Christmas time is a vulnerable period to depression and self-harm for many people, young and older – and therefore a period where families, extended families and communities as a whole should keep a watch on family and community members who may struggle with the expectations of the festive holiday periods and support them wherever possible.
Aboriginal and/or Torres Strait Islanders aged 25 to 29 years have the highest suicide rate in the nation – 91 per 100,000 population. The overall national trend is 11 per 100,000 population. Research shows that during the Christmas holiday period this age group in particular demonstrates a pronounced vulnerability – often they are parents who are not able to provide adequate tucker on the table on Christmas Day or who are not able to afford gifts for their children.
Aboriginal and/or Torres Strait Islander youth aged 15 to 19 years are also more vulnerable to severe depression and suicide during the Christmas period. In general Aboriginal and/or Torres Strait Islander females have a suicide rate 6 times higher than their non-Aboriginal counterparts, and Aboriginal and/or Torres Strait Island male youth 4 ½ times higher than their non-Aboriginal counterparts.
Last year, in the Kimberley region alone sadly there was a significant increase in the suicide and self-injury rates during the Christmas period, with the loss of a 12 year old the day before Christmas.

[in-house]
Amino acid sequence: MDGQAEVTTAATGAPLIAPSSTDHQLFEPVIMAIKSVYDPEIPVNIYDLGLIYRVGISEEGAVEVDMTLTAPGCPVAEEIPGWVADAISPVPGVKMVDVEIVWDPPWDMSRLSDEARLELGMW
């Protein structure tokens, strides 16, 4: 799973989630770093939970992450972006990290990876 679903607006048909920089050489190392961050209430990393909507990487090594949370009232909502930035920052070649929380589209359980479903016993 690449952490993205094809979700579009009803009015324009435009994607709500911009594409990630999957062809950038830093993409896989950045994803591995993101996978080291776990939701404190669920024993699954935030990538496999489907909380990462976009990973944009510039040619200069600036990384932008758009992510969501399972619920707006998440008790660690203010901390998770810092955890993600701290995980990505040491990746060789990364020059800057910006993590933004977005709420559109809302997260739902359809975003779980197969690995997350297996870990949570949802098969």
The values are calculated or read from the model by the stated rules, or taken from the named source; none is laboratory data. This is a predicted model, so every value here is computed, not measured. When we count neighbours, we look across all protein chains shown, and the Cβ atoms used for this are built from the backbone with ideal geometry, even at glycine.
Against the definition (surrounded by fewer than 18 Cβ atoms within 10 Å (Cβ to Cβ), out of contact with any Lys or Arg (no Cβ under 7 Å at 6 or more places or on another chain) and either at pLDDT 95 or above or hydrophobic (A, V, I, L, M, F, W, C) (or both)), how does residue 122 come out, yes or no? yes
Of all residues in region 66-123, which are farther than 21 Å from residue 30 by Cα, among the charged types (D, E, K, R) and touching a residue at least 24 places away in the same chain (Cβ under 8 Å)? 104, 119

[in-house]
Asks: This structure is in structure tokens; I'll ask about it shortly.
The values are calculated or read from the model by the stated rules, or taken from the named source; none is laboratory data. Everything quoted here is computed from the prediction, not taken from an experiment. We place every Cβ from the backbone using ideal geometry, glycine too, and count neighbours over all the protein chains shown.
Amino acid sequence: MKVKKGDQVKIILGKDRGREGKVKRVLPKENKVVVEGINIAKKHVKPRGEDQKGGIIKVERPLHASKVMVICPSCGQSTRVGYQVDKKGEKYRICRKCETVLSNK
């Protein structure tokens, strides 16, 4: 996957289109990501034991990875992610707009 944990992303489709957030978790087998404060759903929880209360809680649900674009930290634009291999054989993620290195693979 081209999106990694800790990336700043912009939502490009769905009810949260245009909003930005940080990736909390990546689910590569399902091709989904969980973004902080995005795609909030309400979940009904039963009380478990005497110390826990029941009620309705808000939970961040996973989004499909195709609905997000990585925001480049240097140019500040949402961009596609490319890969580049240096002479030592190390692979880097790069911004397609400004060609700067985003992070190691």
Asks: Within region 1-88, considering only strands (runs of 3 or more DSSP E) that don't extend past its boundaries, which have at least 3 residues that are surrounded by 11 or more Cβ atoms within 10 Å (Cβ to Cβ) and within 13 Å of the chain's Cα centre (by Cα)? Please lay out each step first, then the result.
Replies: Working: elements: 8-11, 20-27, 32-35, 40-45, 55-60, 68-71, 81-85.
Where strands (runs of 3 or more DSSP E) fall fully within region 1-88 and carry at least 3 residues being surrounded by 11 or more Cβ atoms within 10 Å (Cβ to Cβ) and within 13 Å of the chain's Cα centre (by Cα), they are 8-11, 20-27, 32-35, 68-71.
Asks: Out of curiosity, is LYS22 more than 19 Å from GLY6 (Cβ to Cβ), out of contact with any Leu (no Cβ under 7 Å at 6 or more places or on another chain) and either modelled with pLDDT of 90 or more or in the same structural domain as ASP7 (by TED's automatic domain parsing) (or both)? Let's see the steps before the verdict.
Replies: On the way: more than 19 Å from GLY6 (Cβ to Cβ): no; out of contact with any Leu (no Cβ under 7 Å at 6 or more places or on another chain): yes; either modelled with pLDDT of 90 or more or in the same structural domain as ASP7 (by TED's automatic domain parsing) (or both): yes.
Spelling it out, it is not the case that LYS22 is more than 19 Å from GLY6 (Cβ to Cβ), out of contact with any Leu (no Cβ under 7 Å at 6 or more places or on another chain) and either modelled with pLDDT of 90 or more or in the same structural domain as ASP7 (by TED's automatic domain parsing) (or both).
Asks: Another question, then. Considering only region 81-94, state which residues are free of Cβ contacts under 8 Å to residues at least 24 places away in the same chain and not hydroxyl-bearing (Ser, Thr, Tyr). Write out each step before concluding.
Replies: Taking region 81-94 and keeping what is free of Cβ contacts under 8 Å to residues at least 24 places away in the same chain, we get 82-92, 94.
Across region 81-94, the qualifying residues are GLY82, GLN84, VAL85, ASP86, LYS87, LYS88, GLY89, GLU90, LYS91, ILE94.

National Senior Consultant to the Aboriginal and/or Torres Strait Islander Suicide Prevention Evaluation Project (ATSISPEP), Bunuba and Gija woman, Adele Cox said, “whilst we know Christmas is normally a time for celebration and giving, sadly, past experience has told us that a lot of our mob are vulnerable to depression and general distress which may lead to further suicides over this period. Often referred to as ‘the silly season’, we know that the increase in substance related violence and other disputes are upsetting for many people and families and we should be mindful of this as we get ready for the holiday season.”
“It is important that we are all on alert and provide supports and responses where we can to those people and families who are most vulnerable, and as such we should be vigilant at all times,” said Ms Cox.
Indigenous Mental Health Commissioner, ATSISPEP Project Leader, Bardi woman, Professor Pat Dudgeon stated “families and community leaders should keep a mindful watch on others, young and older, during the Christmas and summer period.”
“There is much more stress around Christmas and the holiday season. There is a hype of what special foods, decorations, gifts to buy, which for many are beyond their budgets.”
“For many people it can be an especially lonely period where they no longer have their loved ones around,” said Professor Dudgeon.
“The spirit of Christmas should not be about consumerism, but about peace and goodwill.”
“For Indigenous people, cultural identity is the foundation of who we are. Our Elders have been fundamental in this process. They are our wisdom-keepers. They have seen the changes so dramatically incurred in their lifetime. They are the vital bridge between the modern world and Aboriginal culture.”
Professor Dudgeon stated “that the Christmas and New Year holiday periods, festive for many but not for all, are periods where communities must keep together and stay solid to reduce any distress that some may otherwise endure if left alone.”